Mexico Week: José Antonio Martínez
One of the pleasures of attending the FotoFest 2018 Biennial Meeting Place Reviews was meeting reviewers from around the globe who journied to Houston to celebrate and appreciate photography. I am so grateful to gallerist Patricia Conde Juaristi, of the Patricia Conde Galleria in Mexico City, Mexico for sharing a week of Mexican photographers with the Lenscratch readers. The gallery has specialized in contemporary photography since 2009, and is currently the only Mexican gallery focused on promoting various photographic practices. Today she shares the work of José Antonio Martínez– Aline Smithson
José Antonio Martínez, obsessive photographer, eternal seeker of aesthetic, finds among the wings of the birds the beauty of a dead being and a striking visual image, whose richness of color and texture results overwhelming. The spectator suffers the outburst and urges to contemplate, one by one, the perfect symmetries and the undeniable majesty contained in the pieces of this series.
The birds, now immobile, were arranged in a scanner to become disturbing images that preserve the vigorous splendor, the sumptuous coloring, the eternal presence of the beautiful to arouse a memorable experience in the memory.
José Antonio Martínez was born in Mexico City on February 4th, 1950. He graduated cum laude as an Industrial Designer by the Universidad Iberoamericana; Throughout his extensive career as a photographer, he has made several solo and group exhibitions in Mexico and abroad.
Among his solo exhibitions include: Arqueología del s. XXI (Patricia Conde, Galeria, Mexico City) Montag entumecido (Patricia Conde, Galeria, Mexico City), part of the program “FotoSeptiembre 2011; Elegía (El Atrio Gallery, University of Guanajuato, Guanajuato, Mexico), held within the 37th Cervantino International Festival, 2009; Todo ángel es terrible (Museo de Arte de Santiago de Querétaro, Querétaro, Mexico, 2009) and Las güeras (Universdidad del claustro de Sor Juana, Mexico City, 2009).
Silent, reflective and interested in the great mysteries of life, José Antonio has developed a creative concept in which the description of reality is an excuse to activate the evocative meaning of the image. A great connoisseur of technique, his photographs reveal a particular sensitivity to death, the beauty of objects and human behavior.
His work is part of the collections of the Northeast Photo Center, Seattle; Photographic Centro Fotográfico Manuel Álvarez Bravo, Oaxaca; Wittliff Photography Gallery of the Southwest and Mexico, University of Texas Library, San Marcos, Texas; Museo de la Estampa of Toluca, Mexico; Museum of Photographic Arts in San Diego, California.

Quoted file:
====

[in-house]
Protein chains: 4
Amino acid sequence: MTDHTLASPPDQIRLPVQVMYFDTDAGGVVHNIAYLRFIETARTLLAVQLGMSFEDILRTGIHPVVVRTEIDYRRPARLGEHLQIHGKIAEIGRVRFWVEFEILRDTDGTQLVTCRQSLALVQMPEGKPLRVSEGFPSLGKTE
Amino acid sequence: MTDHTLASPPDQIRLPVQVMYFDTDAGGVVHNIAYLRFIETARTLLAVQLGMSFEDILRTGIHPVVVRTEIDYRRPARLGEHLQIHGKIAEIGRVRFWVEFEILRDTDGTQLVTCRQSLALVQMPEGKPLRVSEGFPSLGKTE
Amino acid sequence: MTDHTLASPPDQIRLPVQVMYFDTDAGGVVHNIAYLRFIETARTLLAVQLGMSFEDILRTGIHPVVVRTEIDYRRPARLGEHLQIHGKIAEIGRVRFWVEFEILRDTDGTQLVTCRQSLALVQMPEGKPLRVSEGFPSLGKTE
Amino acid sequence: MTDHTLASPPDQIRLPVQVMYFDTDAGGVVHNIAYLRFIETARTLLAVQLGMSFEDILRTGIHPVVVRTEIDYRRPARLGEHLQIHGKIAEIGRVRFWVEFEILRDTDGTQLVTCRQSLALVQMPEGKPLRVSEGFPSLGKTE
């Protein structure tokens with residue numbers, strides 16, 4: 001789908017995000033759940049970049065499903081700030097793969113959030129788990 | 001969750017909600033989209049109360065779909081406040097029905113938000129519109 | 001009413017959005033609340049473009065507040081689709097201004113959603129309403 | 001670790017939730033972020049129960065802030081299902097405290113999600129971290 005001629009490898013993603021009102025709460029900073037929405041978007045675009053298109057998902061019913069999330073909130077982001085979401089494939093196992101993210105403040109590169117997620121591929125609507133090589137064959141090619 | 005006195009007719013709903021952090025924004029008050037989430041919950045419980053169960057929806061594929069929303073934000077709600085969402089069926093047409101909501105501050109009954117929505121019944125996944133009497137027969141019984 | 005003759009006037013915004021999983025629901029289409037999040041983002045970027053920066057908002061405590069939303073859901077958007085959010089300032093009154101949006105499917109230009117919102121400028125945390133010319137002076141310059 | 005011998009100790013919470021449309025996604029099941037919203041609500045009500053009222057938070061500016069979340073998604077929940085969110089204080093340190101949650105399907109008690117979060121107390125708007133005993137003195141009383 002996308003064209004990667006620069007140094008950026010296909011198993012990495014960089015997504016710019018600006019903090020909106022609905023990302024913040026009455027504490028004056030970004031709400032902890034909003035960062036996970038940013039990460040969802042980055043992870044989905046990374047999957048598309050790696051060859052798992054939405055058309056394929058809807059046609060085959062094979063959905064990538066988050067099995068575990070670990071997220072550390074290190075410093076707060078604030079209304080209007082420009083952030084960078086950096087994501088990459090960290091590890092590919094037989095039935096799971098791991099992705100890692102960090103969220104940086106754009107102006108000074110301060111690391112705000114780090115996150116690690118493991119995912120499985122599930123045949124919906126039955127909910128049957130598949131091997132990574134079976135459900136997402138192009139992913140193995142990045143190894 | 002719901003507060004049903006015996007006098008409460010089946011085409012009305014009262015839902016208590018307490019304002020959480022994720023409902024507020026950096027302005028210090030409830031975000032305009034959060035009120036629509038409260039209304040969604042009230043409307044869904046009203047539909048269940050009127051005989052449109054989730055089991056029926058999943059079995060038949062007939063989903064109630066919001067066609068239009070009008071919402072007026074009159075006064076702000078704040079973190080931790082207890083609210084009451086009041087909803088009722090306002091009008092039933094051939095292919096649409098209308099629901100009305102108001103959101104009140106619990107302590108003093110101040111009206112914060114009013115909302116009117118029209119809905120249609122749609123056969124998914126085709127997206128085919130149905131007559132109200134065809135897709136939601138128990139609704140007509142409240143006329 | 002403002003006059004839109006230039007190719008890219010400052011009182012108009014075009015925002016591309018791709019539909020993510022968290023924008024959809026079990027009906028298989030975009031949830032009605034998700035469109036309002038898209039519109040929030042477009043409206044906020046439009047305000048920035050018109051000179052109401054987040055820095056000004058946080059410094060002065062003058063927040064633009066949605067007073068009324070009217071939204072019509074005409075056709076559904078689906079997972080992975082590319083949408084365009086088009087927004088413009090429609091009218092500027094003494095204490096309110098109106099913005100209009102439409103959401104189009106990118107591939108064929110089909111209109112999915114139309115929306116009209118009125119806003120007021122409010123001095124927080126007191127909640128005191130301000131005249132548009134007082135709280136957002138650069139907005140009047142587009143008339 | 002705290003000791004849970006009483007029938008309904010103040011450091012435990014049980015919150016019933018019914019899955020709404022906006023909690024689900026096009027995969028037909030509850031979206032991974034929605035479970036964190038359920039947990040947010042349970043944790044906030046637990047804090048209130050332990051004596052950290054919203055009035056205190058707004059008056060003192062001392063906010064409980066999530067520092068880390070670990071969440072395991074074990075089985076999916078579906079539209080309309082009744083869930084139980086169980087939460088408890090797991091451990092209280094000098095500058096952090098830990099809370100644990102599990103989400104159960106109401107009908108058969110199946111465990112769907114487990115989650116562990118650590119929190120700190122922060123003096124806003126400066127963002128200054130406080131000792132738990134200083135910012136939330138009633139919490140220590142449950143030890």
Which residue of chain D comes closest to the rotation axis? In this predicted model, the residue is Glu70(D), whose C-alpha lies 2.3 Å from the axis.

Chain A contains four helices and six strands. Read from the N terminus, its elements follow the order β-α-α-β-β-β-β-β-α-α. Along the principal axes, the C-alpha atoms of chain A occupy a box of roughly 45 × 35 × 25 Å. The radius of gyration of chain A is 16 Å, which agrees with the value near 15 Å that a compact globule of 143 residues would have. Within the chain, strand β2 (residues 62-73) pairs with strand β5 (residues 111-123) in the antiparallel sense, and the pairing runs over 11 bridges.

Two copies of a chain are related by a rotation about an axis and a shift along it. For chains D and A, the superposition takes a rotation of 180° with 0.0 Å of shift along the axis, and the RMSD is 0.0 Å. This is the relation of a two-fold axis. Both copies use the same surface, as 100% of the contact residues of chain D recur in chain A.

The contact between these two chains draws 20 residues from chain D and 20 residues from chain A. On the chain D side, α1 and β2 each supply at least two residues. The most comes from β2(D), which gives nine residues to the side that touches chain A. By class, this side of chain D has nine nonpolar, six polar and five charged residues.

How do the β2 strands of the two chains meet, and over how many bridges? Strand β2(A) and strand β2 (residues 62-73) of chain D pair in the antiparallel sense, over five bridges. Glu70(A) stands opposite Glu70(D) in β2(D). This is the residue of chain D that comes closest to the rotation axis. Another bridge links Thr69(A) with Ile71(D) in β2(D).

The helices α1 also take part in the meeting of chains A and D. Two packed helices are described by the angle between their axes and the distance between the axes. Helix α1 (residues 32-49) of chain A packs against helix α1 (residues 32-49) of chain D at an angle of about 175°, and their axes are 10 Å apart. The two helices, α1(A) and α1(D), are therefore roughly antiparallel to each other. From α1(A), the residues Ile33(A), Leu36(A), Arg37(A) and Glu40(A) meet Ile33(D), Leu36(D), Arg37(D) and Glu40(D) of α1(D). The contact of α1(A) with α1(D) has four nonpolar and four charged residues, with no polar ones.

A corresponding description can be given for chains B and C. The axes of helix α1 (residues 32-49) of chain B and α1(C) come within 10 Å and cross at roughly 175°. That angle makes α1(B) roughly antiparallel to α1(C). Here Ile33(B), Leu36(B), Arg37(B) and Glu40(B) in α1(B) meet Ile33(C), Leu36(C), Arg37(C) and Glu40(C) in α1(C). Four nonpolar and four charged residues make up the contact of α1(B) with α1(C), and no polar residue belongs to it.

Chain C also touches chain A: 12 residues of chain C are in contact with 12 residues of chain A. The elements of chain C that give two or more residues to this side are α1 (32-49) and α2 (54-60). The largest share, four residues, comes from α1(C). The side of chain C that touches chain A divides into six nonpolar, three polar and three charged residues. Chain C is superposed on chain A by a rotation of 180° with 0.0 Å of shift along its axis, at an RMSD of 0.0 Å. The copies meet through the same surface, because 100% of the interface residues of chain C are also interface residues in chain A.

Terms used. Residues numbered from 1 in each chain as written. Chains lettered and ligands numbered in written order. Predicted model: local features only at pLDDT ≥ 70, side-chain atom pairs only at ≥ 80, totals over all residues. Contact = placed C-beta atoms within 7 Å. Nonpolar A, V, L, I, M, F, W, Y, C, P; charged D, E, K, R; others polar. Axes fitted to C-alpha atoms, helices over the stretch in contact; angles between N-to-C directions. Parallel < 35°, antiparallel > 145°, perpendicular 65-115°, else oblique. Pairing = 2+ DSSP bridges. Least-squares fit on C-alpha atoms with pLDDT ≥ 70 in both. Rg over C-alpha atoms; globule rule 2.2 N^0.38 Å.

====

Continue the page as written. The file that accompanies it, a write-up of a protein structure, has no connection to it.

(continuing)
I express myself only through images. Through them I can materialize dreams, experiences and memories. It is in my photography where I find my life and from there I understand it. Looking through a lens became, from a very young age, the shield that allows me to wander and observe with attention, with that attention characteristic of a child’s curiosity, the world that surrounds me to try to understand it.
Death has been an obsession; death in all its edges, from all angles. Physical death, decadence, the deterioration of objects and the different manifestations and readings that have been given since the beginning of time. Death surrounds us stealthily and speaks to us in all possible ways.
In the work Every Angel is Terrible, taken from the extraordinary poem by Rilke, my approach to death is with respect to honor, to beauty; it is almost a tribute to the bloody feathers of a bird or the decomposition to which it has arrived by means of the wind or by the indifference of the living beings that, stuck in their daily lives, forget that the world is made of small events. In this work I wanted to show the extraordinary majesty of the plumage that represents the strength and freedom now lost.
In the work of Archeology of the XXI Century I approach the subject of the physical death of an object. How is it possible? So, simply. That which was once state-of-the-art technology is annihilated by the same technology that invented it. We have been forced to consume increasingly sophisticated devices, created for a specific function that, once it has been fulfilled, must be replaced by others that in turn have a near expiration date.
The conclusion is that death, decay and deterioration are inevitable.- José Antonio Martínez Gómez
Posts on Lenscratch may not be reproduced without the permission of the Lenscratch staff and the photographer.
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